Last week’s historically awful GDP number was shocking, down 32.9%. But when we get into the details of the component parts of that negative print, what we really see is how much the economy has changed over the last 40 years or so. Since 1982, there have been four US recessions. That’s an average of one every 9.5 years. Prior to that, between 1946 and 1982, recessions occurred on average every 4 years. Why the change?
The largest detractor from growth this last quarter was services consumption. Goods consumption subtracted 2.2% while services took down 22.9%. And when you think about it, what has practically come to a standstill in this Covid economy? Hospitality, cruise lines, restaurants, bars and nightclubs, travel and entertainment are all services sub-sectors that are completely stopped or barely showing a pulse. They are also the parts of the economy that over the last decades have become the lion’s share of GDP. It is often said the consumer is 70% of the US economy. And the majority of that consumption is tied to services.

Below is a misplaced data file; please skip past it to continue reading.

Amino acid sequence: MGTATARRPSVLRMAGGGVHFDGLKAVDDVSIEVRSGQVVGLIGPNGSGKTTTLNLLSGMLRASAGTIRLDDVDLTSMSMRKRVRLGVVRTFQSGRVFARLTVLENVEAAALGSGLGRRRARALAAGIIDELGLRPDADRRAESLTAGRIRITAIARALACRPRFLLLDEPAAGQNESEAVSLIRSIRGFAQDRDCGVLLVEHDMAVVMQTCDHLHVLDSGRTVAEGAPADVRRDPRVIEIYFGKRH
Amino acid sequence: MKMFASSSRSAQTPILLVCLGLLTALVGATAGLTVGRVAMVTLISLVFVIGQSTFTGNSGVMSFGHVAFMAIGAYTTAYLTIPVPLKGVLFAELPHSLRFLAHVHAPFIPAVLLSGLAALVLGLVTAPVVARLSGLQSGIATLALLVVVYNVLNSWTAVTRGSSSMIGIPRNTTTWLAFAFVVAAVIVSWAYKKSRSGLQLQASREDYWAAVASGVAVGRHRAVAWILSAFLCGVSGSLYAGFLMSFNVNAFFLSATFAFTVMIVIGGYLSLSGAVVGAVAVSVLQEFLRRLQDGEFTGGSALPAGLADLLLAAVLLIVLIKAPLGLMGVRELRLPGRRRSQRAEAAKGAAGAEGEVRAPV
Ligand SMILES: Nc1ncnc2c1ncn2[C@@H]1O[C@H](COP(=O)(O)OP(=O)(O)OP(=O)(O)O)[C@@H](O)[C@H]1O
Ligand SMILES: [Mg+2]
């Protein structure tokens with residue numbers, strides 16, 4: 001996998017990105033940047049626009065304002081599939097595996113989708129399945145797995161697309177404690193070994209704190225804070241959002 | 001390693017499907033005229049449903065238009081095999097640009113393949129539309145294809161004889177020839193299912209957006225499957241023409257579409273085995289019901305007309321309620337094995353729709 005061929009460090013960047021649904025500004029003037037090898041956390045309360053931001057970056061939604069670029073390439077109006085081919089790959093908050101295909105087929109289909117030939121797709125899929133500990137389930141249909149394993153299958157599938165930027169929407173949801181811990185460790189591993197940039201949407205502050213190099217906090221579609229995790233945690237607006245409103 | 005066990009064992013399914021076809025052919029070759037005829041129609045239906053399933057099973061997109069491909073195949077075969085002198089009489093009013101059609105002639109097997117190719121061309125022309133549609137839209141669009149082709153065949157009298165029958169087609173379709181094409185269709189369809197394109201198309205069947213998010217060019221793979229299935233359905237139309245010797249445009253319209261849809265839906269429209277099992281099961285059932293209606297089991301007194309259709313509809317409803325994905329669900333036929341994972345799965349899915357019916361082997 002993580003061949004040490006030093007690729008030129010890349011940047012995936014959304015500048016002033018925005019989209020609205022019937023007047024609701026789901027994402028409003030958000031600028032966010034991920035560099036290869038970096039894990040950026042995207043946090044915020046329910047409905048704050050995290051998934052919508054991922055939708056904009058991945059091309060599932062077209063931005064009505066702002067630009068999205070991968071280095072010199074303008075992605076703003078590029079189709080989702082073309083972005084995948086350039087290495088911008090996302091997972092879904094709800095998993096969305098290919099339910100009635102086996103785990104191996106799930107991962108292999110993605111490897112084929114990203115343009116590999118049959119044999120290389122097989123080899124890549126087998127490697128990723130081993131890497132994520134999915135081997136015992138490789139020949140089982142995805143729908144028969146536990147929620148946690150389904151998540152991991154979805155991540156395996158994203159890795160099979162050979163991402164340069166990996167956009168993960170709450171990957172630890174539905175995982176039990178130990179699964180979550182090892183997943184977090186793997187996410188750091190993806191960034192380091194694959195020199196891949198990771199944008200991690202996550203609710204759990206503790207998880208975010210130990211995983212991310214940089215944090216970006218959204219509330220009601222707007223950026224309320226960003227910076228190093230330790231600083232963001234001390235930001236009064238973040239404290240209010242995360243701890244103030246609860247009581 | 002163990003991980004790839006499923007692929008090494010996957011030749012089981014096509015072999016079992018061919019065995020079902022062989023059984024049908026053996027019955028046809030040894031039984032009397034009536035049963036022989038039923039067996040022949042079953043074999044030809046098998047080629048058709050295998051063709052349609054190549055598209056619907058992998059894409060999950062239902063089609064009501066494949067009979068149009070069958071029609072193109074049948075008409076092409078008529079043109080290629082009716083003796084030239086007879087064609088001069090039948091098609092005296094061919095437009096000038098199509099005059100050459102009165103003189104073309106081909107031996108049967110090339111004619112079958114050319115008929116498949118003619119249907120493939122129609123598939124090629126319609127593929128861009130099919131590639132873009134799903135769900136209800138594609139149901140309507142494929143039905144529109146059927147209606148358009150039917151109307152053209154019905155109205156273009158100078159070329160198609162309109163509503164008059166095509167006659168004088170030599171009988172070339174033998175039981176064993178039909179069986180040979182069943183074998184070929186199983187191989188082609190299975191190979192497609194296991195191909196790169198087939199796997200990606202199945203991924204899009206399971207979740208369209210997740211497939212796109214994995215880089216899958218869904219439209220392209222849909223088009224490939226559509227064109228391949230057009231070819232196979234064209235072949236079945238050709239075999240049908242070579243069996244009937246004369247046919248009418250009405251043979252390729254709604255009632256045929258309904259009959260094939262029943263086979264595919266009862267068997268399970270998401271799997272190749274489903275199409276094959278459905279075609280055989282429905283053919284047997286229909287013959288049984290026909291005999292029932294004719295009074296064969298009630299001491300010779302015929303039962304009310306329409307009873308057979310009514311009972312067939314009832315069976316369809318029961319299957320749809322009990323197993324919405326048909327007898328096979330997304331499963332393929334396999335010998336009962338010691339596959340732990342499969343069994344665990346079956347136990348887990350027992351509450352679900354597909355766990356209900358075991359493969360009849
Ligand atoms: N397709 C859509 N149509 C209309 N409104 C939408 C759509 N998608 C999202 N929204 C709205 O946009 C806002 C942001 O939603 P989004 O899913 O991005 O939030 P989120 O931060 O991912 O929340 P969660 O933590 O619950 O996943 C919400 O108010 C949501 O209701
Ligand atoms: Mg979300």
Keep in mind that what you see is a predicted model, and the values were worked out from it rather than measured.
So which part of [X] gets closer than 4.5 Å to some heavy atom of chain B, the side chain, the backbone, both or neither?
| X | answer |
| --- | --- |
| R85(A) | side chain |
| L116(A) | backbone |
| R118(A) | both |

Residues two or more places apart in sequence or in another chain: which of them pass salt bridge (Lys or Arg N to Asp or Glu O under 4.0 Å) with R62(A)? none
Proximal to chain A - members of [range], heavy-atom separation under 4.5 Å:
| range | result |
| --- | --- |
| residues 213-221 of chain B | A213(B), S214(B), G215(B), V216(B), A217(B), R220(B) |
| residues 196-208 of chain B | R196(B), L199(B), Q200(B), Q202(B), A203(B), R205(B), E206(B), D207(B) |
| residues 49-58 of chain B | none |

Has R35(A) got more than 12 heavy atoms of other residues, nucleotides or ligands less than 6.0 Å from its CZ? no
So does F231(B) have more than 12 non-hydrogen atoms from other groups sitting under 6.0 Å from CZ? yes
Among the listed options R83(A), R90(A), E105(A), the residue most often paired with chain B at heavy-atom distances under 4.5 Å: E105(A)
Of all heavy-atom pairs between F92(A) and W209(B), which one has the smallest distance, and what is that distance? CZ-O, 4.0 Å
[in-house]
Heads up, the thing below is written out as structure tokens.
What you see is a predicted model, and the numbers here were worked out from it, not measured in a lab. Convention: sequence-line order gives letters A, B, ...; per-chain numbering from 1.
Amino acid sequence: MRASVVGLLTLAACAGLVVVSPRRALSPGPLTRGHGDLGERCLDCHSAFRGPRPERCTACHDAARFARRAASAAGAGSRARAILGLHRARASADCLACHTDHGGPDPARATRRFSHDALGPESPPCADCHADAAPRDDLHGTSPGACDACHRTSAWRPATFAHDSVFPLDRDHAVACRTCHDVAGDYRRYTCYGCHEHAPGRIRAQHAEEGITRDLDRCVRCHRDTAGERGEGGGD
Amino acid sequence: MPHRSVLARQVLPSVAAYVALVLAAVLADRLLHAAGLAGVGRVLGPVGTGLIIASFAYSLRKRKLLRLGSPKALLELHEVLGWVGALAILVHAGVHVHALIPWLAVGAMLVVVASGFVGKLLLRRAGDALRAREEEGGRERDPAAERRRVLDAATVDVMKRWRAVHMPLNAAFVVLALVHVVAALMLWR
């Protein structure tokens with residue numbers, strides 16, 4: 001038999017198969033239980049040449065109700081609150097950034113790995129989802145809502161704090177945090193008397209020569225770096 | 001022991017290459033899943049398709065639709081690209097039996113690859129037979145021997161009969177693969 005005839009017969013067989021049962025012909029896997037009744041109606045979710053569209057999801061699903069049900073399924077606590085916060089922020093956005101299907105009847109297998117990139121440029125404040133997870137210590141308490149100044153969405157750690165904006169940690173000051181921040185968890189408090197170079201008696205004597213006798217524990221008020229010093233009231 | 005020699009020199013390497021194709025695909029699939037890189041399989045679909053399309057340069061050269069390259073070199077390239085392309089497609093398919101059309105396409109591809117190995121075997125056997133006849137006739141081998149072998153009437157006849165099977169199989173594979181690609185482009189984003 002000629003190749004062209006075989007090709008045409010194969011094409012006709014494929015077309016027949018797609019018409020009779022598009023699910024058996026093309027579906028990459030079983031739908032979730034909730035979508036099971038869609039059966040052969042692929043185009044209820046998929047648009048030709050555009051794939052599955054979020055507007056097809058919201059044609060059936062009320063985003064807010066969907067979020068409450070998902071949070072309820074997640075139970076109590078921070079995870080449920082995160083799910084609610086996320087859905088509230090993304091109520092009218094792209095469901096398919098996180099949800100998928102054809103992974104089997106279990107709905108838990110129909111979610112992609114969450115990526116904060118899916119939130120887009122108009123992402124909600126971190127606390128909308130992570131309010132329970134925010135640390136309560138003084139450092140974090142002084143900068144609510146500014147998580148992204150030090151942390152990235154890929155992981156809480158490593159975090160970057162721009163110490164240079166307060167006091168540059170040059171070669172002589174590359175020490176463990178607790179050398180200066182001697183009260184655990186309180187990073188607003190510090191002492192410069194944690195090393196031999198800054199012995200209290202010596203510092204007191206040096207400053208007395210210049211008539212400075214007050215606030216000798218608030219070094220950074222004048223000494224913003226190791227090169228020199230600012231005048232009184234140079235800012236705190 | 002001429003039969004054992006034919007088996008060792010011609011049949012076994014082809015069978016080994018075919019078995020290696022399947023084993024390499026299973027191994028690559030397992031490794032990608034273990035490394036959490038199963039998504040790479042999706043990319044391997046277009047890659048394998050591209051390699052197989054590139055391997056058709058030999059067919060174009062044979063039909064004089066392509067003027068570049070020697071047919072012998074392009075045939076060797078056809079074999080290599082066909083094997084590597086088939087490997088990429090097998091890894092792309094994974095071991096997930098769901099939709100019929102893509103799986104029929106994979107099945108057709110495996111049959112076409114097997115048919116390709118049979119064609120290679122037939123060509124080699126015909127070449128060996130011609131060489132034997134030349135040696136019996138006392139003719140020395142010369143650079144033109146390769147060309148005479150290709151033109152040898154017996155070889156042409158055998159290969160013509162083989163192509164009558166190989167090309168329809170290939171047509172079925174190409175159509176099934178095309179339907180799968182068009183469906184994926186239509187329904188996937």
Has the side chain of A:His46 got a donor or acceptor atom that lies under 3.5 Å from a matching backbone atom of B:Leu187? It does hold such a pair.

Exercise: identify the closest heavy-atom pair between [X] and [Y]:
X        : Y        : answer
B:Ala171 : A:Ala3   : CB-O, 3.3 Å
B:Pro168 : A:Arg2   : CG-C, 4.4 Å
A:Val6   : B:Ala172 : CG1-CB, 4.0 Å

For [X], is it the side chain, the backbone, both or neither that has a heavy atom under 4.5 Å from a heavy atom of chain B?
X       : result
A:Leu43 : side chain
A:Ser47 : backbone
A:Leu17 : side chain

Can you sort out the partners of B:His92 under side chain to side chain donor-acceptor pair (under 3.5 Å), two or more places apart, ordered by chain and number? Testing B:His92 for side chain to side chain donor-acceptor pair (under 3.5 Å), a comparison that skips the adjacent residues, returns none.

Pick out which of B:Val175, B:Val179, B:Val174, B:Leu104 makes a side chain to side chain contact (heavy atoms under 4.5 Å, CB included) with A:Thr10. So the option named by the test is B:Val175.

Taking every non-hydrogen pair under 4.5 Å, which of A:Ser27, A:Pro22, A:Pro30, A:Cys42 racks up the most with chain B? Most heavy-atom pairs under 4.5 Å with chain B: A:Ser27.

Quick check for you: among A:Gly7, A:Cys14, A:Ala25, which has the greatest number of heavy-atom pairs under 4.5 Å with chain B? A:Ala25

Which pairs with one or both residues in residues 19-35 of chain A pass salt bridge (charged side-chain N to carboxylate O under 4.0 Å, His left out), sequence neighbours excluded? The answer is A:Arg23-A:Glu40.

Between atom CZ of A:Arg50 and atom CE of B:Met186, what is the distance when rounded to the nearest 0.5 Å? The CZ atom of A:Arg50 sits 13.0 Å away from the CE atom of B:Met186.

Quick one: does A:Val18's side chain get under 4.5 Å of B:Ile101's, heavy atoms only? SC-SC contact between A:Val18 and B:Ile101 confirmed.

Forty years ago and before, the consumption of goods was the major component of growth. Manufacturing and industrial production were the drivers and the ability of companies to react to downturns was limited given the nature of managing inventories, materials and final sales. With services, the “inventory” is in a sense workers. That’s much easier to manage through furloughs, layoffs and hourly reductions. This is why recessions are less common now.
It’s also why we will need to see better virus control responses, downturns in case numbers and ramped up vaccine and treatment options before service workers can get back on the job and the economic data really improves.
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